Designing Quantitative Experiments: Prediction Analysis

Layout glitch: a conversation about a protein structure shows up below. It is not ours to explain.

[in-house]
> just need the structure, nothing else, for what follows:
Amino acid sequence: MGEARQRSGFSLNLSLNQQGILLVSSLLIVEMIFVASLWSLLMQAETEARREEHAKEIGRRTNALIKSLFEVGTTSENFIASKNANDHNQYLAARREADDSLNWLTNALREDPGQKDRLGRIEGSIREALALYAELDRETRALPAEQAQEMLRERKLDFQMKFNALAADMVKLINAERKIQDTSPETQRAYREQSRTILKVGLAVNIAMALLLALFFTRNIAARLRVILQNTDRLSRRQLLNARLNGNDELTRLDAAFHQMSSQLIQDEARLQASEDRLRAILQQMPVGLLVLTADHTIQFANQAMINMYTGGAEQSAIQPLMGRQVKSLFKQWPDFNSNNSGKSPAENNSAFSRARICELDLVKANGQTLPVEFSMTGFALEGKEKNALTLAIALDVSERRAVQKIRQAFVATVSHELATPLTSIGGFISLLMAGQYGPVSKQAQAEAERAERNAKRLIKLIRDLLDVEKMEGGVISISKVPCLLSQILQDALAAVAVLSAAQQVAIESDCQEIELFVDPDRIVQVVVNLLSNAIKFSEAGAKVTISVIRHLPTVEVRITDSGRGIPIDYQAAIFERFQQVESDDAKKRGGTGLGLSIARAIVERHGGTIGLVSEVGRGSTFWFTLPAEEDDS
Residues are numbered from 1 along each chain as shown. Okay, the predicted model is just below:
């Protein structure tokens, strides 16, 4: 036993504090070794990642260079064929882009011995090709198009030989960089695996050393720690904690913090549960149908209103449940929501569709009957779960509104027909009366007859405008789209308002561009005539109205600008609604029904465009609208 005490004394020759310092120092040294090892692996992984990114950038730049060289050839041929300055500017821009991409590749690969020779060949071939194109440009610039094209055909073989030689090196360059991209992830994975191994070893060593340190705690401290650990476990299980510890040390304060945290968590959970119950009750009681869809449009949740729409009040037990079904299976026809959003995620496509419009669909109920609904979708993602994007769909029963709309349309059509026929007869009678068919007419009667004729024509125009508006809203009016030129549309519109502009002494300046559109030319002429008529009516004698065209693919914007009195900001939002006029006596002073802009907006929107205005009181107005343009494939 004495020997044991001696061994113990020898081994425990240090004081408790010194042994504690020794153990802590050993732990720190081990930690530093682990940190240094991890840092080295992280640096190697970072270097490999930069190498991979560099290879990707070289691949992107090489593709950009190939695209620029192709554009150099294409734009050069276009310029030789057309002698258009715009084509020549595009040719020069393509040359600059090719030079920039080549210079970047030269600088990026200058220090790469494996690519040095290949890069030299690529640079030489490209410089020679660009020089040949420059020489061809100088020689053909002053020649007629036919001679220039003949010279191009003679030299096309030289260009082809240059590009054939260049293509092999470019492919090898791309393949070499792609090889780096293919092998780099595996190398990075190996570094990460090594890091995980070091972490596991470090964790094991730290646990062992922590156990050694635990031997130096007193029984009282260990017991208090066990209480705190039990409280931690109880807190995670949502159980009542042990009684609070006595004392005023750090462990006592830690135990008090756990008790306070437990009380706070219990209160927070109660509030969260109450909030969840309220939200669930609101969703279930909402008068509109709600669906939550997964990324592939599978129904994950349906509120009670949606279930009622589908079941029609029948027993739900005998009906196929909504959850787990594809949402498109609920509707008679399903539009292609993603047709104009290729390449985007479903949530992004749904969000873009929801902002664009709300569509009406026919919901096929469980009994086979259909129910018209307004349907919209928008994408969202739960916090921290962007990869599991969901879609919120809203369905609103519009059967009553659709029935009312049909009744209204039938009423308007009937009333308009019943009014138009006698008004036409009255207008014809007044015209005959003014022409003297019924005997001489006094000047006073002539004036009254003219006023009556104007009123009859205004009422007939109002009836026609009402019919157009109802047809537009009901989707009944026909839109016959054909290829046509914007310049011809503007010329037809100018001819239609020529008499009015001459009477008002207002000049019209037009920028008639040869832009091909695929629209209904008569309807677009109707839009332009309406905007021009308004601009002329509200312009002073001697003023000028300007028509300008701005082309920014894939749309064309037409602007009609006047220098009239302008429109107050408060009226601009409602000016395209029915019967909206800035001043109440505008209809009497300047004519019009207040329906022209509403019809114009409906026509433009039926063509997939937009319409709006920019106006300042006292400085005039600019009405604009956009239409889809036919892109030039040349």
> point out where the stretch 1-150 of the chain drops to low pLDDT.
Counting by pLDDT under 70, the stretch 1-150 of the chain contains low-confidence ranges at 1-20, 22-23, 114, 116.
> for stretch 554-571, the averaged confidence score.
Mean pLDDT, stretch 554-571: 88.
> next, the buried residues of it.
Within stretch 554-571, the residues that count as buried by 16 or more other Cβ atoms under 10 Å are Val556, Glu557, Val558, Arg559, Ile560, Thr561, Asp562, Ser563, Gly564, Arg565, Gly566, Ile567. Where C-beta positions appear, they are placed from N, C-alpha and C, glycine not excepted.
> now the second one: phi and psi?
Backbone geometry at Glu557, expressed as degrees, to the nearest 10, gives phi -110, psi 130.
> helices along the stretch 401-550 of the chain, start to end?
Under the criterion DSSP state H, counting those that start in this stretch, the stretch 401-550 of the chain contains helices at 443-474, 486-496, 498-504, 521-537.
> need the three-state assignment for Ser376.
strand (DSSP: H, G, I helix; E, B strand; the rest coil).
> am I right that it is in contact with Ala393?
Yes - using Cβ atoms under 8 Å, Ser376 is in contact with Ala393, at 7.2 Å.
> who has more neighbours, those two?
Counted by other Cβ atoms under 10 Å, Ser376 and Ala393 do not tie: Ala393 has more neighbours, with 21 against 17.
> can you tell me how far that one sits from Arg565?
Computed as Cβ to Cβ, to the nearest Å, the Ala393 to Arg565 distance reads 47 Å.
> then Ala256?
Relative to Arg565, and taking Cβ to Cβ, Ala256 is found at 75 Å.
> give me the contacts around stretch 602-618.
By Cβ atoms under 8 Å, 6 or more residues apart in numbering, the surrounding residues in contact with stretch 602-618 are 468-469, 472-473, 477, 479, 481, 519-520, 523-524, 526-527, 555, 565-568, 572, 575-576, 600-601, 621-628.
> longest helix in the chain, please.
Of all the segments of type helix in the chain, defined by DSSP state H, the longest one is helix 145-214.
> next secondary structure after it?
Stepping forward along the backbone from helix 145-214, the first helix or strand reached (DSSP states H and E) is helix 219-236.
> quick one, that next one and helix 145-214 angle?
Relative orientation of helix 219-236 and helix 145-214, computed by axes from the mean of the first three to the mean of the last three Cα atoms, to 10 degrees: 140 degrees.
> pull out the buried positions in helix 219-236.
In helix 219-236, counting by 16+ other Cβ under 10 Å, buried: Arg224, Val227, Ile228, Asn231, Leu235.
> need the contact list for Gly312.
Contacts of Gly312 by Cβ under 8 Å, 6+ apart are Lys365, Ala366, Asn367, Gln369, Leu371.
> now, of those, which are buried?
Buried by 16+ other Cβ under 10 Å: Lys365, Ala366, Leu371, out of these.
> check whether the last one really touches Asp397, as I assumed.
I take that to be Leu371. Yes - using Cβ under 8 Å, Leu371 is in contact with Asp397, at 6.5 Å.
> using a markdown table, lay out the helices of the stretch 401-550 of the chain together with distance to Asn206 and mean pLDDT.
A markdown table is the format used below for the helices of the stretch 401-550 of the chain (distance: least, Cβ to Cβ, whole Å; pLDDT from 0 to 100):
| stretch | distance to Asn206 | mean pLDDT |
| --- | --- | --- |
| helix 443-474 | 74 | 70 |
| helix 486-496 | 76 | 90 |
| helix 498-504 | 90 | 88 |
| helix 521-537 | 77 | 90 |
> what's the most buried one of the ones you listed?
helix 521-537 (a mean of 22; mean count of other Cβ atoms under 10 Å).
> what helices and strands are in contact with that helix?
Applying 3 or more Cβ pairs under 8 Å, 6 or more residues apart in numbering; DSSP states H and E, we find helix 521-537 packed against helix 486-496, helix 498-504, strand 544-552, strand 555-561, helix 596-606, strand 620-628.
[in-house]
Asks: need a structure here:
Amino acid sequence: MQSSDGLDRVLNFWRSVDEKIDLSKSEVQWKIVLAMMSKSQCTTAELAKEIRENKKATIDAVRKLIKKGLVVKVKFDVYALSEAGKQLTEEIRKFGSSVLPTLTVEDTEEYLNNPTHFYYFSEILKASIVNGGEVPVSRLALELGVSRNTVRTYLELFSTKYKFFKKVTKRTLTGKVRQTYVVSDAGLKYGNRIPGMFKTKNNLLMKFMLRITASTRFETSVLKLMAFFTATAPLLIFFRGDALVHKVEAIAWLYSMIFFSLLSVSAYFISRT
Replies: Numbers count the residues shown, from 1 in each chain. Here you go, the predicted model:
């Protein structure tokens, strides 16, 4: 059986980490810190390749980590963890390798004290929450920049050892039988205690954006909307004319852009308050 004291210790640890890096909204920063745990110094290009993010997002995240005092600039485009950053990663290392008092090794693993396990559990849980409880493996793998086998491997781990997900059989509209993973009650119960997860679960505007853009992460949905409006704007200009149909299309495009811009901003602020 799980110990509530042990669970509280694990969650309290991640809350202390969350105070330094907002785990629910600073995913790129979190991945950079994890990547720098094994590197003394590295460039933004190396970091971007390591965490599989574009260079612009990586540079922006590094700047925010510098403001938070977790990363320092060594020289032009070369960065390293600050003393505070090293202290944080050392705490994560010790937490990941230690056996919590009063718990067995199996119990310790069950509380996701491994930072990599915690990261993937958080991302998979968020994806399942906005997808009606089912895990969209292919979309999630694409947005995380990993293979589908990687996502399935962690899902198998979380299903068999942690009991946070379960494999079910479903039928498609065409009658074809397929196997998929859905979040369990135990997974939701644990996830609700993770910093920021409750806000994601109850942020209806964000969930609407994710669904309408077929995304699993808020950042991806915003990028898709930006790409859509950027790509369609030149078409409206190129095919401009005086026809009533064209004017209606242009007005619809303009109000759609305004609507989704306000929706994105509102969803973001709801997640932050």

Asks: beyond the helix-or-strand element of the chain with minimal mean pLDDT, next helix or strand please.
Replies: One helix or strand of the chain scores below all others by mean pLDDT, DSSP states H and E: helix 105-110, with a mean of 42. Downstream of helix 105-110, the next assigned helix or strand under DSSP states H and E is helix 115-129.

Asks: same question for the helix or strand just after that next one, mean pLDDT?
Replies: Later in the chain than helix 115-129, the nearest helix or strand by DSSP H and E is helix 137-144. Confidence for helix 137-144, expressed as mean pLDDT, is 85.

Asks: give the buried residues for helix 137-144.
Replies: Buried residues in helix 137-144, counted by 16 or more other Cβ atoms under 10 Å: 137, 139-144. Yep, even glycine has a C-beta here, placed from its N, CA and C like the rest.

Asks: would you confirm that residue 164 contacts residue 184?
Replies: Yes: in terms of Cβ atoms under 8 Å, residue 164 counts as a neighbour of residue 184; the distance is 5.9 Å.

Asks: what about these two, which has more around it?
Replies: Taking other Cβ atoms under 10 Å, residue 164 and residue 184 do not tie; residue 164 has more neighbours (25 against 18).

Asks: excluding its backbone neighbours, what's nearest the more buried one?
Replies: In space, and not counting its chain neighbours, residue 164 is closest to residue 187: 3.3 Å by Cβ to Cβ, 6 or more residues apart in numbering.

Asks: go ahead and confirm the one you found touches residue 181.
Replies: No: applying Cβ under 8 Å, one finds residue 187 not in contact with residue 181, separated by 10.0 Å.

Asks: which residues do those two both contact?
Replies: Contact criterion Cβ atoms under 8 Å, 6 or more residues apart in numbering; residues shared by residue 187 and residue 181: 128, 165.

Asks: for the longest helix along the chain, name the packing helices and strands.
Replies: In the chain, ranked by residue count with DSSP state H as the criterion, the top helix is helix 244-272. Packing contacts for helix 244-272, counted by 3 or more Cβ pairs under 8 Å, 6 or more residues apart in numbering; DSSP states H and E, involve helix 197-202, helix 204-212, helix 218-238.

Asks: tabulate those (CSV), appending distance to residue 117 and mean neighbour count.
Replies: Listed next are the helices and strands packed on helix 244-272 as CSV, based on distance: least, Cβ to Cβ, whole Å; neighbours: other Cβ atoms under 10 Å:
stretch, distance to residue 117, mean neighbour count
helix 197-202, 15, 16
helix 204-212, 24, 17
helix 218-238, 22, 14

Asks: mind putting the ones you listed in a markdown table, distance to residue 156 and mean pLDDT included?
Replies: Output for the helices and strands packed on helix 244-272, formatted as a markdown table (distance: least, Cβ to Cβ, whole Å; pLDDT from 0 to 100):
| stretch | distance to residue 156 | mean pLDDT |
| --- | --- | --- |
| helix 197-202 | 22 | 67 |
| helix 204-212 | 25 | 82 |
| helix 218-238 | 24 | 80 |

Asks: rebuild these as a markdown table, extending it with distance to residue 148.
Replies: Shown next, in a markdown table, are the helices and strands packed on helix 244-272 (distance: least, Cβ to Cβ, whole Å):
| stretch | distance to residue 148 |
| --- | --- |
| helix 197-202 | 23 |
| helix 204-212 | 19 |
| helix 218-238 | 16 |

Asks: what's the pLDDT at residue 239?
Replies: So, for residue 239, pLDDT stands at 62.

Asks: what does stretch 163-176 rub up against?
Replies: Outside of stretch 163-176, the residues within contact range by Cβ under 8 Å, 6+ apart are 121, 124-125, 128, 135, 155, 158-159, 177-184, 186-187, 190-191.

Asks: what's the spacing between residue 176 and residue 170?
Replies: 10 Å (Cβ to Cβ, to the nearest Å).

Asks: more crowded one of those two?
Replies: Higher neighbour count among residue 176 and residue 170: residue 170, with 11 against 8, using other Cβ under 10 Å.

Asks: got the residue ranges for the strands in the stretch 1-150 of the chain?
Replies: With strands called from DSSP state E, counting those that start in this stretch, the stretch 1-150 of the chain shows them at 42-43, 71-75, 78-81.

Early in my career I was given the task of designing a sub-critical nuclear reactor facility that was to be used to perform basic research in the area of reactor physics. We planned to run a series of experiments to determine fundamental parameters related to the distribution of neutrons in such s- tems. I felt that it was extremely important to understand how the design would impact upon the accuracy of our results and as a result of this - quirement I developed a design methodology that I subsequently called prediction analysis. After working with this method for several years and applying it to a variety of different experiments, I wrote a book on the subject. Not surprisingly, it was entitled Prediction Analysis and was p- lished by Van Nostrand in 1967. Since the book was published over 40 years ago science and technology have undergone massive changes due to the computer revolution. Not - ly has available computing power increased by many orders of magnitude, easily available and easy to use software has become almost ubiquitous. In the 1960's my emphasis was on the development of equations, tables and graphs to help researchers design experiments based upon some we- known mathematical models. When I reconsider this work in the light of today's world, the emphasis should shift towards applying current techn- ogy to facilitate the design process.
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